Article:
The Entrance to Porlock (1970)

Book Description

“His fifth novel, The Entrance to Porlock, concerns a New Englander's 80th birthday, the family party and the trip everyone makes the next day to hand over his extensive mountain property to an old friend who runs a community for retarded adults. But essentially, this book is about the resentment and confusion that afflicts each member of the family and the small miracles that happen once they reach their destination.”
— James Weigel, Jr.

“There appears every now and again a lyrical, dreamlike novel that is more poem than prose, more parable than story. Such novels incapacitate conventional critical faculties; we do not understand and evaluate them rationally but rather are immersed, lulled, and transported, as in listening to music, into a shadowy world where feelings are evoked and nothing is explained. The Entrance to Porlock is that kind of novel. One is not sure after reading it whether one has read or imagined it. The contradictory sense of time contributes to this blurred impression. The entire novel takes place within 24 hours, but the movement in the characters' minds back and forth in time and the spiritual distance they travel makes the actual time span seem immeasurable.”
— Diana Loercher, Christian Science Monitor

“An eccentric old bookseller, Peter Ringkoping, who lives in New England and has won a certain fame as author of a book on ghosts he has seen, sets out on a journey with his two sons and grandson. Peter is 80 and has a stubborn notion to leave his land to a holy man he used to know who now runs a community for retarded adults. Ostensibly just an auto ride to see the man, in reality the journey is an odyssey wherein one son looks for self-respect, another for tenderness, Peter himself for the feeling of being inside life instead a ghost, while Tip, the grandson, pushes against his shell of alienation and burgeoning sexuality.”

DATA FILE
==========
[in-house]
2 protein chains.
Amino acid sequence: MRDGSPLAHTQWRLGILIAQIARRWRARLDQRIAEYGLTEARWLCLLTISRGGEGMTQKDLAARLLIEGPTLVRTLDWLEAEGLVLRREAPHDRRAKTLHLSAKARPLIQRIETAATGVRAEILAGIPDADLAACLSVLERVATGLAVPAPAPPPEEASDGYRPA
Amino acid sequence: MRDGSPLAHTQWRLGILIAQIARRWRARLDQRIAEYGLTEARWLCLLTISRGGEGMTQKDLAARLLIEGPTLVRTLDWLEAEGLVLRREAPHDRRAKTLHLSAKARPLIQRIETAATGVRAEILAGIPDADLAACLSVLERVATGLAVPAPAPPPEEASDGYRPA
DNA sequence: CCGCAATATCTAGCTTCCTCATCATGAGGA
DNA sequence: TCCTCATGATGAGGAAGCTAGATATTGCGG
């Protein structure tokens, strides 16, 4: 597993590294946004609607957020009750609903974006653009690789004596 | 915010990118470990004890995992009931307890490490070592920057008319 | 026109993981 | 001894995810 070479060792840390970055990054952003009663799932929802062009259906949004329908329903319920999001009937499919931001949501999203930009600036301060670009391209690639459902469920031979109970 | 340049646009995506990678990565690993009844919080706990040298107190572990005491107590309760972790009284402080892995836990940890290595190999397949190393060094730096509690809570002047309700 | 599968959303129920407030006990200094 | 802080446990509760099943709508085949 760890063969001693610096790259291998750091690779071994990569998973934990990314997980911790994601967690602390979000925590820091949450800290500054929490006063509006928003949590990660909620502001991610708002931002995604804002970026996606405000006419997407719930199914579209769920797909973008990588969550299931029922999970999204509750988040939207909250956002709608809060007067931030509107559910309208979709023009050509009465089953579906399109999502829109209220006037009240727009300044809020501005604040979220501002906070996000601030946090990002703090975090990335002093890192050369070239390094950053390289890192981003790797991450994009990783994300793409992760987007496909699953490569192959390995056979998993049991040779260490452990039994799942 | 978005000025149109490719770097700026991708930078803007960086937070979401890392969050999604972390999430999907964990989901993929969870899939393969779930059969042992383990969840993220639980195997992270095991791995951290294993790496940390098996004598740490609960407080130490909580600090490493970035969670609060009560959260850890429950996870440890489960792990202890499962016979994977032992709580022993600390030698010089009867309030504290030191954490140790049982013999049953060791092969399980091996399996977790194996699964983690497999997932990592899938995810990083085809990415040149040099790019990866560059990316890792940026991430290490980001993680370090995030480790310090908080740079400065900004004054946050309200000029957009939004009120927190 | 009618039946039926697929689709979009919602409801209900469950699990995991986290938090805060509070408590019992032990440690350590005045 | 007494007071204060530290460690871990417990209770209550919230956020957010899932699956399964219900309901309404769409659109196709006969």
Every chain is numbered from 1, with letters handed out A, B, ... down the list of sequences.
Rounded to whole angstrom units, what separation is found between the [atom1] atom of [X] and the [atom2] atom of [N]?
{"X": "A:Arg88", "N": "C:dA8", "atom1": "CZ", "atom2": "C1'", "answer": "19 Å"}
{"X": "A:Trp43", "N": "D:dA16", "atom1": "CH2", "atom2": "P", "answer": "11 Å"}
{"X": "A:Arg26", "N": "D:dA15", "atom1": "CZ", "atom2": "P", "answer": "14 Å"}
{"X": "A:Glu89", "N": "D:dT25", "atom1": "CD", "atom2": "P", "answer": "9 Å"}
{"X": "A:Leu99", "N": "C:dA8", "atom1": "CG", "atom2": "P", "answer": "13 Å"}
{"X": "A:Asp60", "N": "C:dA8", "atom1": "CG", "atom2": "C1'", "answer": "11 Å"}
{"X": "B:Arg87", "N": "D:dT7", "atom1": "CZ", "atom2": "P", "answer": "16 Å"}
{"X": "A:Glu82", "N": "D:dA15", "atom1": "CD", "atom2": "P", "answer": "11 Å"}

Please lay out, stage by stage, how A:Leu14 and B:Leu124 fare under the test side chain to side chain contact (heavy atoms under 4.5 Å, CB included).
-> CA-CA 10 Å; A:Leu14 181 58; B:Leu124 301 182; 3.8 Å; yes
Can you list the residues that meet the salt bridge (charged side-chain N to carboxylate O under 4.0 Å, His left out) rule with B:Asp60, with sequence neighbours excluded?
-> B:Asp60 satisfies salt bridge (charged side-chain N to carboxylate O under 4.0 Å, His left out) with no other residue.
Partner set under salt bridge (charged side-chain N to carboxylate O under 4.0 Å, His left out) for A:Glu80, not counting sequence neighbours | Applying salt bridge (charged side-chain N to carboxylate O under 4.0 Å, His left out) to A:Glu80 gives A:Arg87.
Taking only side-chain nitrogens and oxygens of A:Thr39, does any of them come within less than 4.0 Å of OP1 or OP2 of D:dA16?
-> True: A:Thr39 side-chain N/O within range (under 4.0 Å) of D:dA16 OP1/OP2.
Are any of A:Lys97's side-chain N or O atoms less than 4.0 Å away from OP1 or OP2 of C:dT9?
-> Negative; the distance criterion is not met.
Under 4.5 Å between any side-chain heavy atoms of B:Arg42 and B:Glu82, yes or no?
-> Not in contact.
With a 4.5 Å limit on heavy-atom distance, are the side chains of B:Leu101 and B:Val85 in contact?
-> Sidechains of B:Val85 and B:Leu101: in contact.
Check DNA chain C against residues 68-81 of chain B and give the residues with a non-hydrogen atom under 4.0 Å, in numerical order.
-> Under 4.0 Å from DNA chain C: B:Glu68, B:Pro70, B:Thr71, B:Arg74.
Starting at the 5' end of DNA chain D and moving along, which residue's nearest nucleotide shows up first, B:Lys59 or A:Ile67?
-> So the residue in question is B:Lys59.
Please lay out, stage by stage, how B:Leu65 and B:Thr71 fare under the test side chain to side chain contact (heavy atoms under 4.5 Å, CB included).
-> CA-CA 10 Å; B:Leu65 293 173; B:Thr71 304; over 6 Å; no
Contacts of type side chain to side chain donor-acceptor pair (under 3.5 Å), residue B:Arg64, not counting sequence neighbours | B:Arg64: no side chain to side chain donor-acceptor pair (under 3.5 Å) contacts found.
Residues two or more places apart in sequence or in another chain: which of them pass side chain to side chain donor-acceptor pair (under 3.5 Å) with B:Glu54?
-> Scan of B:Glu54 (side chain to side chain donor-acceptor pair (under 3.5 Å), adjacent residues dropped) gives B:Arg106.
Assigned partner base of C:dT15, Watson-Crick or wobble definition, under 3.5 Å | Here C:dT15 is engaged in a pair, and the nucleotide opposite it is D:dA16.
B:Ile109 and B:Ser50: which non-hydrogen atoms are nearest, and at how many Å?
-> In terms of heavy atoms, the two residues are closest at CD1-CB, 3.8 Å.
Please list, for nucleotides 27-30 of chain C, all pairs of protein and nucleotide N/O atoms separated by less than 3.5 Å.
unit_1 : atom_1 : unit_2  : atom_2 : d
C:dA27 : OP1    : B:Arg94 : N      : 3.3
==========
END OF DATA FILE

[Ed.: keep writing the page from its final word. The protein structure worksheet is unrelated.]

— Mary Snead Boger, The Charlotte Observer

"The novel clearly posits one side of Buechner's preoccupations—his belief that the searches of life may end in a deepening self-knowledge, and he looks to fairy tale, Oz, more than to Christianity as a way to explore the idea…Peter is the Tin Man in search of a heart…Nels, the older of Peter's two sons, is a rigid headmaster of a boys' preparatory school, unmarried and obsessed with the fear of having a heart attack. He is the cowardly lion…Tommy [the younger son] is the irresponsible and insecure practical joker, the scarecrow seeking a brain…Tip, Tommy's son, has inherited his grandfather's mysticism and introspection, and is Dorothy seeking a home.”
— W. Dale Brown, The Book of Buechner


“In his new novel Frederick Buechner again shows his unique talent for making wonders real and the real wonderful.  The book opens up dimensions of our modern hurts and impasses that are missing from much of our fiction.”
— Amos N. Wilder

“...Like all of his fiction, it is a subtle, deliberate, patient attempt to arrive at the truth of things.”
— John Barkham, Saturday Review

“The intervals between Frederick Buechner's thoughtful, serious novels are too long for this reader…a novel of substance…”
Publishers' Weekly

“One of the finest pieces of imaginative prose I have come across for some time...a beautiful, thoughtful, and often witty novel whose music will, I am sure, reverberate in the imagination for a long time.”
— Vernon Scannell, The Irish Pre